PDA

View Full Version : sw noob.


luvthereefer
09-03-2011, 07:53 AM
just like the title reads...been into freshwater for awhile now,but im on the verge of buying a 14gal biocube.
I'm thinking of taking the plunge and tryin a little nano tank.

what would be a good stock list for FOWLR for now and then a few soft corals down the road?

if anyone has any personal experience with this setup i would love to hear about it.

thanx

ReefOcean
09-07-2011, 11:16 PM
Belive it or not, nanos are harder to maintain than larger tanks imo. Less room for error. With that being said, good fish are blennies, gobbies, damsels or clowns.

With a 14g, you wont be tempted by those good looking coral eating fish like butterflies and angels because they wont fit.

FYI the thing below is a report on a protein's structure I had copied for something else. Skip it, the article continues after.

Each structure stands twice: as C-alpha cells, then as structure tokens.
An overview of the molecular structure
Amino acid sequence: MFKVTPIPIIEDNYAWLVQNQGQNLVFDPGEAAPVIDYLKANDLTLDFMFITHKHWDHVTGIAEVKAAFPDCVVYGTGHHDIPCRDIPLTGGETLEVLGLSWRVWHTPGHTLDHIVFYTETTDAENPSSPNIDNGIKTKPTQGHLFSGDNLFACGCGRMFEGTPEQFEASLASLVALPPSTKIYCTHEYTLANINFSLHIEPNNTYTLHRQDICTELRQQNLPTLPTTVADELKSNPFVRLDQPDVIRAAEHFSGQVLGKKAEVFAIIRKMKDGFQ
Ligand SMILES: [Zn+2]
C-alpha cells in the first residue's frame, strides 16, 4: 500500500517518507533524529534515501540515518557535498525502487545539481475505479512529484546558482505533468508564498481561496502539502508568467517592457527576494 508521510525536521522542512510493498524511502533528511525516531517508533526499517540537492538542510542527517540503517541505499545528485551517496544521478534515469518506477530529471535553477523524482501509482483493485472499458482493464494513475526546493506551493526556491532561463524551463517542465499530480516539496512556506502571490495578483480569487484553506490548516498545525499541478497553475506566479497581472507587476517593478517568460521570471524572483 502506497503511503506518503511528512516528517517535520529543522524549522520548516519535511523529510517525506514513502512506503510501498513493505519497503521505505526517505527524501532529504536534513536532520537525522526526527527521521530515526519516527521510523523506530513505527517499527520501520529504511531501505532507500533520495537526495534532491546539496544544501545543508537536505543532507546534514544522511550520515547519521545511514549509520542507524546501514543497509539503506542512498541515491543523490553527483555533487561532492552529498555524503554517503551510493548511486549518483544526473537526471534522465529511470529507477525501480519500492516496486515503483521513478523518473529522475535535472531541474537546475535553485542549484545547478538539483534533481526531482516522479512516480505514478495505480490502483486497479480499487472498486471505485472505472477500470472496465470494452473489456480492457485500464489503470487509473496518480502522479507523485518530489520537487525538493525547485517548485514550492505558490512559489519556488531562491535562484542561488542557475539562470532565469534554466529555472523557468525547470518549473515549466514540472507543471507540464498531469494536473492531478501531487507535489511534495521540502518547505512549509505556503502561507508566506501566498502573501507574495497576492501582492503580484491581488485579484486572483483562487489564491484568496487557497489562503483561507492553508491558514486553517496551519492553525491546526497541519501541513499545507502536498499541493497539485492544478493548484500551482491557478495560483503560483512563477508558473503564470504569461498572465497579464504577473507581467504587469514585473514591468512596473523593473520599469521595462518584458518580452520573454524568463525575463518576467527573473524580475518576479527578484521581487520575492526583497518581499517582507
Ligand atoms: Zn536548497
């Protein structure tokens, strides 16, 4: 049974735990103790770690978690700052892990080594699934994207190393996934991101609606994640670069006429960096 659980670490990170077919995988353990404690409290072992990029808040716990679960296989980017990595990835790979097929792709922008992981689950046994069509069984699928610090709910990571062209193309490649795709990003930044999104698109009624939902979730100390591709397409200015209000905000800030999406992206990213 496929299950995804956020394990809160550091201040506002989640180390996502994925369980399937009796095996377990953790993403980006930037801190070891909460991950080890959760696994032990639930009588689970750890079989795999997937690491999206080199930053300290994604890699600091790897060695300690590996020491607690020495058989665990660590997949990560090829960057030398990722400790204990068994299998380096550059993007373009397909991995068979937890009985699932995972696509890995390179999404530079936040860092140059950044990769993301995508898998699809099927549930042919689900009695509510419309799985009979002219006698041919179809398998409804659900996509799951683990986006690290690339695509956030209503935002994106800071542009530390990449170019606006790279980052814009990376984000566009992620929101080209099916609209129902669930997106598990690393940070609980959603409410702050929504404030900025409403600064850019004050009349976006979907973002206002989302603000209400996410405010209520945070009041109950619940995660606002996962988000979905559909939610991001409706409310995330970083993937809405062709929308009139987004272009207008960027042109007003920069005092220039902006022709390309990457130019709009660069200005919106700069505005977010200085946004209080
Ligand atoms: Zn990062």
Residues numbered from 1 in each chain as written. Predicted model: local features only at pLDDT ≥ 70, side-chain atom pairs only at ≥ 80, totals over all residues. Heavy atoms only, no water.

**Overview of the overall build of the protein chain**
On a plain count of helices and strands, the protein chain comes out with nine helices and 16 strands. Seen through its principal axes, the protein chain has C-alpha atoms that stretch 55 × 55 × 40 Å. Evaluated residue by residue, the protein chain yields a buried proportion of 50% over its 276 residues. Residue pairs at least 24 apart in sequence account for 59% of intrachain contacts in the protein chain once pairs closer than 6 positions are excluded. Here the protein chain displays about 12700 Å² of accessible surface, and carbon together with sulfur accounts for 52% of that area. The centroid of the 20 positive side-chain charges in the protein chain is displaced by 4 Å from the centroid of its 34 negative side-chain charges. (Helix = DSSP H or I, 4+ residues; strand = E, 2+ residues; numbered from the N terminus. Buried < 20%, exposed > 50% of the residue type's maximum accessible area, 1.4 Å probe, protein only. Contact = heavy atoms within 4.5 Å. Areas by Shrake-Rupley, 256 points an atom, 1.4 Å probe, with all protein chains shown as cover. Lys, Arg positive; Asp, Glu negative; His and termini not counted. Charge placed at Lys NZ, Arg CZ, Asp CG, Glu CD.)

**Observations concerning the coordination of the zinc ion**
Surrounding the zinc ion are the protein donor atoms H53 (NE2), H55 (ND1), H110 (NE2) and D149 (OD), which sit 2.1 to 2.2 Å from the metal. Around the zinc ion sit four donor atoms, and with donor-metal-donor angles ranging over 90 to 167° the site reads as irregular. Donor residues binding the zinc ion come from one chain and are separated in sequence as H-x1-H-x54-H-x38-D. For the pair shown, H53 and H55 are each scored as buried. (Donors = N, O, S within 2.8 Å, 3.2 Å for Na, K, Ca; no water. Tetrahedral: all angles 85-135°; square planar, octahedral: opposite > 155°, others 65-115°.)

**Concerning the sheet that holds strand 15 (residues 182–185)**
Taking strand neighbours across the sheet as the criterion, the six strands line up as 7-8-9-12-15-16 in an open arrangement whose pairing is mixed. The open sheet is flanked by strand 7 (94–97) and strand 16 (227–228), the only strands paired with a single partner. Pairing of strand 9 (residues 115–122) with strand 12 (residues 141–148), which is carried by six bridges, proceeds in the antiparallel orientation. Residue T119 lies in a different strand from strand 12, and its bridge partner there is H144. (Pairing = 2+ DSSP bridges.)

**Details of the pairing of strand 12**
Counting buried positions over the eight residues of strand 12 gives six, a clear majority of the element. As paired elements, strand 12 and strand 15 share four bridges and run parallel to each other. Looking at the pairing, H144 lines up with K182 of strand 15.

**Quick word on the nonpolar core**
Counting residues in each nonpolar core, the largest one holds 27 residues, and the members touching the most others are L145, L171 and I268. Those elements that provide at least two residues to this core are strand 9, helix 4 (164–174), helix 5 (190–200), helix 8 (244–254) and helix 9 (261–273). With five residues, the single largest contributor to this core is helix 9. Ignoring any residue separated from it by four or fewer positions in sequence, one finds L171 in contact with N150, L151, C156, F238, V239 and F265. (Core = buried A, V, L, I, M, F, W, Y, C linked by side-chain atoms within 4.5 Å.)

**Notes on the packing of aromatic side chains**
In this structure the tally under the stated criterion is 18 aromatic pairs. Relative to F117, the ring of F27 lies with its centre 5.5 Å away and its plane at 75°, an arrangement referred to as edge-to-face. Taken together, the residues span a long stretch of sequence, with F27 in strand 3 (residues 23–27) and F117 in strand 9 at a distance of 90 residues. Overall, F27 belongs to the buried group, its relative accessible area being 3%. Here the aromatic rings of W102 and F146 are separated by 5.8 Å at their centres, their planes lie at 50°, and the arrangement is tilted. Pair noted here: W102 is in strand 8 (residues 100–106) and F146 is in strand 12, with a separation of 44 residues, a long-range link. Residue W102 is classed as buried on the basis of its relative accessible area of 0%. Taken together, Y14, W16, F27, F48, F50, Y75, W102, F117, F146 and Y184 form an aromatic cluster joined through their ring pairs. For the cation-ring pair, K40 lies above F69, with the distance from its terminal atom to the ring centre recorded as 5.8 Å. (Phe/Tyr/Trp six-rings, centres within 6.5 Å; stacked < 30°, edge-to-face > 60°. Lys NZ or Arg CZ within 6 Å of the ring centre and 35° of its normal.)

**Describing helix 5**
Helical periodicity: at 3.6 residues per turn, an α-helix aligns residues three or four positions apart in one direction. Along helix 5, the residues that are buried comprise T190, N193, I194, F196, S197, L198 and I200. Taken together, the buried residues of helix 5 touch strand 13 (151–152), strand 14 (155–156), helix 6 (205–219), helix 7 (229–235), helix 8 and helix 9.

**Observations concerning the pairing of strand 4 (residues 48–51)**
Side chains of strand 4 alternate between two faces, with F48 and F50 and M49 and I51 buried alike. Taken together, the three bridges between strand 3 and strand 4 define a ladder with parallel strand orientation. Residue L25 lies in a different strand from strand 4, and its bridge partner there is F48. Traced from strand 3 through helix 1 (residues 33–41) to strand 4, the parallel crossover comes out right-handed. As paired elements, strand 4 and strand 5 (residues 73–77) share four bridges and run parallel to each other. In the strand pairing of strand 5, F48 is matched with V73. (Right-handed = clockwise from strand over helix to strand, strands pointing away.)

The biocube will support softies obviously, and some LPS as well. It is a good turn key setup but like I said about maintenance, be prepared to monitor water conditions since the water volume is so low.

Dr_Hicks
11-26-2011, 05:01 AM
Belive it or not, nanos are harder to maintain than larger tanks imo.

Horsefeathers......

I have had tanks from 500 down to that very same 14 the original poster is asking about, there is no difference in the difficulty level if you pay attention to what you are trying to accomplish in a small tank like the biocube 14.

Seems this will be your first crack at saltwater I suggest you invest in some books that will help you better understand the symbiotic relationships and processes that happen in a saltwater environment, some good reading martial can be the best investment you could make into your future endeavour.

Here is a short list of books I keep laying around, you might also find them educational.
Simplified Reef Keeping (http://simplifiedreefkeeping.com/index.php)